If you're setting an app to be your default browser or email client, you probably trust it with your data. However, you still have to manually grant it permission for everything. Starting with Android Q, apps set as defaults will be automatically granted permissions based on what they are the default for.

Android Q introduces a new function called 'Roles,' which "allows the OS to grant apps elevated access to system functions based on well-understood use cases." There are seven roles to start with:

  • ROLE_BROWSER: Apps set as the system browser become the handler for web content requests.
  • ROLE_DIALER: The default Phone dialer can send SMS messages, and can handle outgoing calls/call logs.
  • ROLE_SMS: The default SMS app can send and recieve text messages (shocker, I know), and read contacts.
  • ROLE_HOME: This is for the default app launcher, and doesn't include any special permissions.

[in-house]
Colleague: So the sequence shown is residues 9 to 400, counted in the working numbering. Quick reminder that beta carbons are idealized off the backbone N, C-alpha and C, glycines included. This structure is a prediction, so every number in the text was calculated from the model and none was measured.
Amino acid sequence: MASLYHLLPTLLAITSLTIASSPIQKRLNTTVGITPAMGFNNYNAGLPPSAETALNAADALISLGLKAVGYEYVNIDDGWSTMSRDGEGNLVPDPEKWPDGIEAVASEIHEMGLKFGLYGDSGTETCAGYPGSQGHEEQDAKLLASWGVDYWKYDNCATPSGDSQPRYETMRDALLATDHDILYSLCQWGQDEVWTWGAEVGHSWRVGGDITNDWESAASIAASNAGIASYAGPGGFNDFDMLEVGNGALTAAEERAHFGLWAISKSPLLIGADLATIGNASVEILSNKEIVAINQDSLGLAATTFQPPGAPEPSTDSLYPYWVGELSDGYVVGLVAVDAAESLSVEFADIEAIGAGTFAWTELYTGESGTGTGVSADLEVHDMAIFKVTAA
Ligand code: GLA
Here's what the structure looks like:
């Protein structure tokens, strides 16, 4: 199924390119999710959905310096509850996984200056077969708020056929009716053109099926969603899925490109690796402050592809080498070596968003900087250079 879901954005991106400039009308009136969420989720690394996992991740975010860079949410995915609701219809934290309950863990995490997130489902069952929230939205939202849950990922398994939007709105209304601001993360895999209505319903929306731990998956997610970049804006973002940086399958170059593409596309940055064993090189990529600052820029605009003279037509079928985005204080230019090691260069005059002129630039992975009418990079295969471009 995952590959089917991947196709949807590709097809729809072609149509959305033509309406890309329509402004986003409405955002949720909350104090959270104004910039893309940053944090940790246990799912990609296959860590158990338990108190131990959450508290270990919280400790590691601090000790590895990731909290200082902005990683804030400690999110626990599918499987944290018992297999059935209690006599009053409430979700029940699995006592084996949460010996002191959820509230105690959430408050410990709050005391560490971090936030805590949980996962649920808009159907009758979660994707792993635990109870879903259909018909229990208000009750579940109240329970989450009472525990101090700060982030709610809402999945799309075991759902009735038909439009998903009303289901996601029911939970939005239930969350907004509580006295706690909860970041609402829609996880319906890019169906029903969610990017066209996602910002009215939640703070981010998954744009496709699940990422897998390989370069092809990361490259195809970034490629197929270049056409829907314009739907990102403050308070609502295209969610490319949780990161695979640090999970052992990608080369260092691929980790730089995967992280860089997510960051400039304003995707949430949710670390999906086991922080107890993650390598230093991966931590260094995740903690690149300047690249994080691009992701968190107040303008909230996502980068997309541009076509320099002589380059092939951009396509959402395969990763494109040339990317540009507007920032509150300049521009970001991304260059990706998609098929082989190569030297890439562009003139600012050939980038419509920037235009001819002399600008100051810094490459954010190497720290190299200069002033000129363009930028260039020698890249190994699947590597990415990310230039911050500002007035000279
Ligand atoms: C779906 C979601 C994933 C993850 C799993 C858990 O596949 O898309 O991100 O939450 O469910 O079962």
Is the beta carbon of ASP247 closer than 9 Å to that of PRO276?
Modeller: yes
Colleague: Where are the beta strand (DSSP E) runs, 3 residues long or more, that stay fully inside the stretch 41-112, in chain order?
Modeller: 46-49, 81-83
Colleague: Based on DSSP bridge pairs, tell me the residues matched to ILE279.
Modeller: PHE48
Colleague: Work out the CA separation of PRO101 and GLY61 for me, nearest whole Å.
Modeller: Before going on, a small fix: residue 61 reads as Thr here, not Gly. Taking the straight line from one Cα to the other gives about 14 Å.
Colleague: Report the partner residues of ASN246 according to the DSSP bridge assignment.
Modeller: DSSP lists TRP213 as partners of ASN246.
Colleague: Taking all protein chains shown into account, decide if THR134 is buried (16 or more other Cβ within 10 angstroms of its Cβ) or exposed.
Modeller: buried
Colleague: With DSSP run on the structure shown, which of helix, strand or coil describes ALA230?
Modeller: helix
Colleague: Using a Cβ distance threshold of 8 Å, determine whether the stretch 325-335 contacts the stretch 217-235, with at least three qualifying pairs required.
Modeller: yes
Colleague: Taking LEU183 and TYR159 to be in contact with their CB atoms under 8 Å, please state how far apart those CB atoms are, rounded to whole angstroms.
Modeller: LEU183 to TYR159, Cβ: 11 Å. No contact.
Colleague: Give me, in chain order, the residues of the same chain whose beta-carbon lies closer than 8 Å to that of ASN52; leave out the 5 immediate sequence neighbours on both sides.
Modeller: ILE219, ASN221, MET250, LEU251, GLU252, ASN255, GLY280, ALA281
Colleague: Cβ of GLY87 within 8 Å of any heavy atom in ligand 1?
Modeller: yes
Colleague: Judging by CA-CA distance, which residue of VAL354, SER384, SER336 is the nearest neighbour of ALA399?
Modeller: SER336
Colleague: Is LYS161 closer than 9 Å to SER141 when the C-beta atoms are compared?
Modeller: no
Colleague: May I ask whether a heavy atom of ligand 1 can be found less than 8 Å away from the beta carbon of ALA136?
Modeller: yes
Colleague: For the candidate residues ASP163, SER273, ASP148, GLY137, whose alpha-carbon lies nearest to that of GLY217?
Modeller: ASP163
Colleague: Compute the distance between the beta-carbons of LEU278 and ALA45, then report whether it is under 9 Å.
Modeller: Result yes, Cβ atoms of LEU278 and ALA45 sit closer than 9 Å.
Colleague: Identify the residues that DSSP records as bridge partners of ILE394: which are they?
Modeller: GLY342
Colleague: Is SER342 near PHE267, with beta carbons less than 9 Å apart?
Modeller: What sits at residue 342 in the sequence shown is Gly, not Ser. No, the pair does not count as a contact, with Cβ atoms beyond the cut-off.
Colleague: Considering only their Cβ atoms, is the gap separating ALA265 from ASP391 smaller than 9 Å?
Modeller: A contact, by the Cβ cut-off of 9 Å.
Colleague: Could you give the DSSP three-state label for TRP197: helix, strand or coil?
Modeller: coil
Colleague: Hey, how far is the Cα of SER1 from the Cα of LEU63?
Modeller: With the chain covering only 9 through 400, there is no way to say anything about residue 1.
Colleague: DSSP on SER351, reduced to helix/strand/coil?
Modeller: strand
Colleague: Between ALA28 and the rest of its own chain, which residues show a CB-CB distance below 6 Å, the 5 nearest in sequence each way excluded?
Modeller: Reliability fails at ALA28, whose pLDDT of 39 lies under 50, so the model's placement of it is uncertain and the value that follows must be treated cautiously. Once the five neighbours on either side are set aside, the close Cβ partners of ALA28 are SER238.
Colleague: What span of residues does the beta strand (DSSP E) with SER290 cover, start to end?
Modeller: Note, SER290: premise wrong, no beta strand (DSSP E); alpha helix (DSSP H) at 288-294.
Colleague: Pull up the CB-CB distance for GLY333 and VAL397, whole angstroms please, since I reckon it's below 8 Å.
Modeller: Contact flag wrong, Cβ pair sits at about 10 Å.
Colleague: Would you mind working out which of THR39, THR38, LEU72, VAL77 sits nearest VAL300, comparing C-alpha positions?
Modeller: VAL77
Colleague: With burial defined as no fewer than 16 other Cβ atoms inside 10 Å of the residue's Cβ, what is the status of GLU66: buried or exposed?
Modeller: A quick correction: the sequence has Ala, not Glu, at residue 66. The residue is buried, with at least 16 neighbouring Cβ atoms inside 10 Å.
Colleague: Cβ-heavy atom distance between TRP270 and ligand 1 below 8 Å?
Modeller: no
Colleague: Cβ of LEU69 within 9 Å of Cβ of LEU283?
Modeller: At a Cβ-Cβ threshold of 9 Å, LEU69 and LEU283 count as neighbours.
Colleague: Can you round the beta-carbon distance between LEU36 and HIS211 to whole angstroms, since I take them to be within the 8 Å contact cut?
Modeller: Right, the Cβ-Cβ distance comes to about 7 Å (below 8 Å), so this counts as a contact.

• ROLE_MUSIC: The default music app has full control over files in the 'Music' folder in the internal storage, even files created by other apps.
  • ROLE_GALLERY: The default photo app has full access to files in the 'Photos & Videos' media directory, again including files created by other apps.
  • ROLE_EMERGENCY: This is only mentioned in documentation for RoleManager, and there are no details about what it's for or what permissions it grants. Android Q allows users to set default apps for emergency info, so this is probably the role associated with that default.

Google will almost certainly add more roles as time goes on, but this is definitely a nice change. Roles should lead to fewer permissions prompts for users, and more predictable functionality for developers.

  • Source:
  • Android Developers (1,
  • 2)